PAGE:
5. The use is compatible with the existing neighborhood character and with the character and purpose provision of the applicable zoning district, and will not adversely affect surrounding land uses

C. Special Standards For Conditional Uses: In addition to the standards established in this section and in chapter 4 of this title for particular uses, all conditional uses within a zoning district shall conform to the following standards and criteria:

1. The commission may require the applicant or the owner of the property subject to an application for development approval for a conditional use permit to establish an escrow account, post a bond or provide other financial security, in such form and sum as the commission shall determine, with sufficient surety running to the county to offset any extraordinary costs or expenses associated with the following: a) construction of any highways, roads, water or sewer mains, drainage facilities, or other public infrastructure; b) landscaping; c) compliance with the requirements of this section, any applicable special requirements set forth in this section and chapter 4 of this title, and the conditions attached to the development permit; and d) any expense requirements set forth in this section and chapter 4 of this title, and the conditions attached to the development permit, including the provision of facilities or structures, maintenance or construction work, or the execution or fulfillment of conditions of a continuing nature.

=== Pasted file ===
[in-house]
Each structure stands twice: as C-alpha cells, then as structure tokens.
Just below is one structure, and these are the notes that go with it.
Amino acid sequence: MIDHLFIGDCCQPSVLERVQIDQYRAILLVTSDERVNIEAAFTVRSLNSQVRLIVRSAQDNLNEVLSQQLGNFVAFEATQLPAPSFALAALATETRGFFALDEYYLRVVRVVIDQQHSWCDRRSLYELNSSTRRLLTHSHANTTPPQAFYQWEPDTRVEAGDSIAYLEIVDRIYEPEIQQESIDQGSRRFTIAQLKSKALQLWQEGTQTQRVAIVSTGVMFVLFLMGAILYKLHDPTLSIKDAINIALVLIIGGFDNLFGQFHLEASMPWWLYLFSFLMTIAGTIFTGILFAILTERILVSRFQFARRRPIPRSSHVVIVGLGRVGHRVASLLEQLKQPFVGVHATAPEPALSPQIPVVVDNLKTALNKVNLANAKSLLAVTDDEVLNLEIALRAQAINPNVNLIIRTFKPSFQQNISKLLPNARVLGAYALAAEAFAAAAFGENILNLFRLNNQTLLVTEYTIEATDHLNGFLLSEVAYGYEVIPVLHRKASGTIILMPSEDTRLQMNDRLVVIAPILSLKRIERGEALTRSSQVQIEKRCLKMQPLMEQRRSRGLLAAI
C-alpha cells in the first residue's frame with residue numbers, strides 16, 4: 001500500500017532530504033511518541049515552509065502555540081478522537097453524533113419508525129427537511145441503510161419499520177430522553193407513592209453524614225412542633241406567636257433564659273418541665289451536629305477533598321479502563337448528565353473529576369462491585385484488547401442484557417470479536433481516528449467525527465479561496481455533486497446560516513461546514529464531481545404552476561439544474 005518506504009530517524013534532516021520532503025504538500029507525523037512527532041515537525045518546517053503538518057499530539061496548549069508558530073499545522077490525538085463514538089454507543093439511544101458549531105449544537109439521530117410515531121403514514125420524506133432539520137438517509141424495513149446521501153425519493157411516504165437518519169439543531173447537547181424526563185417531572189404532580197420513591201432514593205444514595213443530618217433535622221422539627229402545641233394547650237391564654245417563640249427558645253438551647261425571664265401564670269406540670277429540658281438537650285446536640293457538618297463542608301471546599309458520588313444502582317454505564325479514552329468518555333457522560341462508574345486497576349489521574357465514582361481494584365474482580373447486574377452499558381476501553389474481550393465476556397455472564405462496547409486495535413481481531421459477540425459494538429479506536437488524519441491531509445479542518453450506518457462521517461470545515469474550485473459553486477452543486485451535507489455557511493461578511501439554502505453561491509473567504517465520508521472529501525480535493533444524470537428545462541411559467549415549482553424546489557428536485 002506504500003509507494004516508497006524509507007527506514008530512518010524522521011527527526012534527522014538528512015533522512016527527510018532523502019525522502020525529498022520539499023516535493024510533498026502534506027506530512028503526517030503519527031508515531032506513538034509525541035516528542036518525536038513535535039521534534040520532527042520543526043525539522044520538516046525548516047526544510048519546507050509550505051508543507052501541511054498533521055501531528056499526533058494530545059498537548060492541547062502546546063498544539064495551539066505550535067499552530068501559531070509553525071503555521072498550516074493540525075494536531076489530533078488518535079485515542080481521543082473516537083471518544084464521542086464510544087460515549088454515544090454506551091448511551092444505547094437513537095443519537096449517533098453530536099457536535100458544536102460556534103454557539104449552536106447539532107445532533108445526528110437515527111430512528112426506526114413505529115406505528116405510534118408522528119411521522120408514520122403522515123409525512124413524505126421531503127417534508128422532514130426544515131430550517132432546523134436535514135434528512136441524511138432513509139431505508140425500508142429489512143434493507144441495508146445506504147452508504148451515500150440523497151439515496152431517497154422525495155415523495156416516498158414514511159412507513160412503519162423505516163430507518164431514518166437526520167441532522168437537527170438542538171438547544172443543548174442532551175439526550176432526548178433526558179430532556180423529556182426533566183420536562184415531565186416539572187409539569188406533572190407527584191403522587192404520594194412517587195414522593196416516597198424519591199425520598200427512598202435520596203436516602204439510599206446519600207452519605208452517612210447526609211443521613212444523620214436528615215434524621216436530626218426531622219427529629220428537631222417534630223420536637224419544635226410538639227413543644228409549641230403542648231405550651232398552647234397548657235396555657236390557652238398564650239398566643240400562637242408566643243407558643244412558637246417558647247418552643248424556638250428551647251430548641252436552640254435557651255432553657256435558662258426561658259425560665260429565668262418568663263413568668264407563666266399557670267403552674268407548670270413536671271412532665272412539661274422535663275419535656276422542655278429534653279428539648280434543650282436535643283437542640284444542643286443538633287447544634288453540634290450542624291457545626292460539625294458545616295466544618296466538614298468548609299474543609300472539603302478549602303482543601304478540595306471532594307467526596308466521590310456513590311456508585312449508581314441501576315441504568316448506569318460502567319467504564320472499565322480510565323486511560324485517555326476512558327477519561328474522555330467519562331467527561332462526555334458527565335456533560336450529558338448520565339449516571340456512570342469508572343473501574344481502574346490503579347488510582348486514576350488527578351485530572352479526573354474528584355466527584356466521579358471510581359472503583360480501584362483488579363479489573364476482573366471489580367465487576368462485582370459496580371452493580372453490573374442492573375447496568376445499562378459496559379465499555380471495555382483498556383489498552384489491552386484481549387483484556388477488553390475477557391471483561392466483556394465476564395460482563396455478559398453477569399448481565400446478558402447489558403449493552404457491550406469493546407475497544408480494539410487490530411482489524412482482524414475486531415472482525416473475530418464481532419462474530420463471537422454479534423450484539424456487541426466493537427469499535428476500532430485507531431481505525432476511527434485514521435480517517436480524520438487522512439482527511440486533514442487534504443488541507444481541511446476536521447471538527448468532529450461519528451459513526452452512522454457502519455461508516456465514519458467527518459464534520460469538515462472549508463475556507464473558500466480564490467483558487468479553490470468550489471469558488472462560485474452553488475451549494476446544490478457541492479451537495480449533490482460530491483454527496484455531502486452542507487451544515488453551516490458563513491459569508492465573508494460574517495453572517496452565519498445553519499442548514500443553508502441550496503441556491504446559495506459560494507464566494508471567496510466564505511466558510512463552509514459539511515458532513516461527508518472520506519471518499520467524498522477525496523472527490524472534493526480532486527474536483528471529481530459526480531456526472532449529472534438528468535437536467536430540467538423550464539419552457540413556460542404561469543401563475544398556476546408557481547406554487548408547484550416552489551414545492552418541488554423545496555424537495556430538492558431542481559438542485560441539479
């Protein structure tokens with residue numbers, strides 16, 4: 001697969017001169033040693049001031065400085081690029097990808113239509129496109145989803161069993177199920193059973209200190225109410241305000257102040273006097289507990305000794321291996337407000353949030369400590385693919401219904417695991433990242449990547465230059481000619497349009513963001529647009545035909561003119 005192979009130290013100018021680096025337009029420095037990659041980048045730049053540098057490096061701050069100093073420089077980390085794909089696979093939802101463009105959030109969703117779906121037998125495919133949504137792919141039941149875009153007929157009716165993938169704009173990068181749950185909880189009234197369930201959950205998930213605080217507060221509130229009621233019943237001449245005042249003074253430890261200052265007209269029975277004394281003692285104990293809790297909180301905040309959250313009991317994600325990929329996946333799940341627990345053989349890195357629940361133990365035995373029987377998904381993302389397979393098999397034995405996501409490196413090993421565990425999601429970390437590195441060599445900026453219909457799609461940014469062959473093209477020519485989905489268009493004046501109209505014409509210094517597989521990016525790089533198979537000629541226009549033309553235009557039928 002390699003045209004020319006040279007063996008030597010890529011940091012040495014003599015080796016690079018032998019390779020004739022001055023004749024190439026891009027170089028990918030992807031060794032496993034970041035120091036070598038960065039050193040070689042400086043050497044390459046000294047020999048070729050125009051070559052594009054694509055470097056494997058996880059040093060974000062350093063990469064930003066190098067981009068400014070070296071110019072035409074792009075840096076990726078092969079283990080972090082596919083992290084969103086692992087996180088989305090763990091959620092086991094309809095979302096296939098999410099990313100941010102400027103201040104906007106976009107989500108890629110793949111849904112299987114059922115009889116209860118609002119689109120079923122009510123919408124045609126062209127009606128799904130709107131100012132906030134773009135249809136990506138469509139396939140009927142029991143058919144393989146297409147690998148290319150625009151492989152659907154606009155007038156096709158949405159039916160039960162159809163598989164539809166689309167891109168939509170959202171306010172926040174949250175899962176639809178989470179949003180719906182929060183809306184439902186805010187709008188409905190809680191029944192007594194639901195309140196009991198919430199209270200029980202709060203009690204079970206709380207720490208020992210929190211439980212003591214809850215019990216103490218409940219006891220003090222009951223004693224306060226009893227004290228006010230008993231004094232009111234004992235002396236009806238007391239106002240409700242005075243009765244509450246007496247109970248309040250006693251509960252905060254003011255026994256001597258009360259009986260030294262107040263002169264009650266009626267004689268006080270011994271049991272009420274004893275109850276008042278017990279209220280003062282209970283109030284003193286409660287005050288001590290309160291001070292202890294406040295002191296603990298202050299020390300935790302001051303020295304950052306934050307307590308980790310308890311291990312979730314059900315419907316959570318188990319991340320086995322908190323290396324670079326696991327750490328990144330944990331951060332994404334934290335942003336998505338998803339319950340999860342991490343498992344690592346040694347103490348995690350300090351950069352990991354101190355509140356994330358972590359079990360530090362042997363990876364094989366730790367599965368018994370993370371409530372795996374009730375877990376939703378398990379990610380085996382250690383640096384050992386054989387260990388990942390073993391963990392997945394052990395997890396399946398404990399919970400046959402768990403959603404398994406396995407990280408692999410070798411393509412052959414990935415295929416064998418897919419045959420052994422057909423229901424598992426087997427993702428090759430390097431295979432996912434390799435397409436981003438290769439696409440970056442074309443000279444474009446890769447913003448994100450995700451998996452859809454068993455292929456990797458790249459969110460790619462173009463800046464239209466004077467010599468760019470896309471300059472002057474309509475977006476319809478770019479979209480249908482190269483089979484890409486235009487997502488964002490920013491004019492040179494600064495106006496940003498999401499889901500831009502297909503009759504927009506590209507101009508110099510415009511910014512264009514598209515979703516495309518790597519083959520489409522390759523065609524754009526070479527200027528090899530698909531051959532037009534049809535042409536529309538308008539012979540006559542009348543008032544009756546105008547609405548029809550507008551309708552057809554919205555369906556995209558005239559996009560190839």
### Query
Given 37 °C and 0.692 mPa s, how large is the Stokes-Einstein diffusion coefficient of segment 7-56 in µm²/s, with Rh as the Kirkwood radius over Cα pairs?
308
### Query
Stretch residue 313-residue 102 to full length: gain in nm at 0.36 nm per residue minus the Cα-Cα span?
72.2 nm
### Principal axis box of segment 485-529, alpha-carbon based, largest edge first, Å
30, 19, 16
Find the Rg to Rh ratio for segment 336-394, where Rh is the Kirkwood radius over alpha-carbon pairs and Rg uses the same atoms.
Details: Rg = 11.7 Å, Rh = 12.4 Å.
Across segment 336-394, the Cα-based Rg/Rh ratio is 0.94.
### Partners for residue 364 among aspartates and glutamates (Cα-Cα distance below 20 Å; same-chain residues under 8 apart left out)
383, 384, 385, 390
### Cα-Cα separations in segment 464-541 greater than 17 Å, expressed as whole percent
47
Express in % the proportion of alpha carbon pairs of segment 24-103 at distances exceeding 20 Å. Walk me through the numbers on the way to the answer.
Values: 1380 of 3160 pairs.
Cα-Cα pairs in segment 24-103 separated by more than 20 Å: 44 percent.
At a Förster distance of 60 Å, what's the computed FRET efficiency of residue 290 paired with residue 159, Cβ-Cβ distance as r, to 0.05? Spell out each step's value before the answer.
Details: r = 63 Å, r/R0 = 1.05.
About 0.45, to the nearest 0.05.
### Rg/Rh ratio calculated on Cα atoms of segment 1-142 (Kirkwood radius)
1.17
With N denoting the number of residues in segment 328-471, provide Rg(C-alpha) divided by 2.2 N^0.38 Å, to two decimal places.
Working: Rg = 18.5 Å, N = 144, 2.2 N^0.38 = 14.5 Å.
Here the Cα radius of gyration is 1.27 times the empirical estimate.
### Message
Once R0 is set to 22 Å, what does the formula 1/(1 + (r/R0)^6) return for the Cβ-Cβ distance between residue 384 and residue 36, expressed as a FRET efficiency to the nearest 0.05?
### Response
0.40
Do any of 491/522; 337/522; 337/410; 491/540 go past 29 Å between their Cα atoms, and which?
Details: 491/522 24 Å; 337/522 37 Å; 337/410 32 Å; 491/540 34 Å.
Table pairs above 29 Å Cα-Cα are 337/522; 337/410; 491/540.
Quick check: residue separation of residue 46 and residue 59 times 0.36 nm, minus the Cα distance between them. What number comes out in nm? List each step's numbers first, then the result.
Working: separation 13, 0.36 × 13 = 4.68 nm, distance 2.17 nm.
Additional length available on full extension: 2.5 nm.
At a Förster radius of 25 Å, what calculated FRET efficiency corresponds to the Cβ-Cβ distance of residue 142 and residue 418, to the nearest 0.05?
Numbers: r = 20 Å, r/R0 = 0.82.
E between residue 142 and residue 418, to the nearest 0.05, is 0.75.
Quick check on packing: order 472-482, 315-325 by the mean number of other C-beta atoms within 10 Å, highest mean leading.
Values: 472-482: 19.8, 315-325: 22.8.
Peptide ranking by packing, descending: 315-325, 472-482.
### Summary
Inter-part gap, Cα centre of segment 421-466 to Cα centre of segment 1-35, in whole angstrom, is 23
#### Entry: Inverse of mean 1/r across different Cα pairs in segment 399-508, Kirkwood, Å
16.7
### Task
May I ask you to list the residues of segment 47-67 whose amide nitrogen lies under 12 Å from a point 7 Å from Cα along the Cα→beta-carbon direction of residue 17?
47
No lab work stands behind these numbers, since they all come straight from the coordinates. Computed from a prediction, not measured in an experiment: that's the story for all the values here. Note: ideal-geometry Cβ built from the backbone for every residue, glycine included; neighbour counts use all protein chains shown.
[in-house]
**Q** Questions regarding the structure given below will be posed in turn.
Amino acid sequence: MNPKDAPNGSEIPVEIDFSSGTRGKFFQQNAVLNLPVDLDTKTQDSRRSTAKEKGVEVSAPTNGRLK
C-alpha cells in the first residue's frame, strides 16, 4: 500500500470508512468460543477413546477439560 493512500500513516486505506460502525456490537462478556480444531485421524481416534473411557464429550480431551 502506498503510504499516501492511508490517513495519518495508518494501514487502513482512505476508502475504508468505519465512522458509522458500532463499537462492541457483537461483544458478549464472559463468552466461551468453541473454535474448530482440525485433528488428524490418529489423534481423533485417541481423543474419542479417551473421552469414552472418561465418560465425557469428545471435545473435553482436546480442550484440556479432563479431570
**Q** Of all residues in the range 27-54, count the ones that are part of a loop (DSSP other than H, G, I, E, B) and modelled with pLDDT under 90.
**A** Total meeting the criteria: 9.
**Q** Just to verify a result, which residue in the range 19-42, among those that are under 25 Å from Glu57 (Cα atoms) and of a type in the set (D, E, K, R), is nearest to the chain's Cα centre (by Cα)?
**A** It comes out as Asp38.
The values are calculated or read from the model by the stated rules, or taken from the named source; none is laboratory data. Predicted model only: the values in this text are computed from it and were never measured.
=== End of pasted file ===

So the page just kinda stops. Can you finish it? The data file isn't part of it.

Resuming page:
2. The proposed development shall not cause a reduction in the adopted level of service for any public facility.

3. Lighting shall not be directed or reflected upon adjoining land and shall meet all other related requirements of section 10-4-21 of this title with respect to exterior lighting.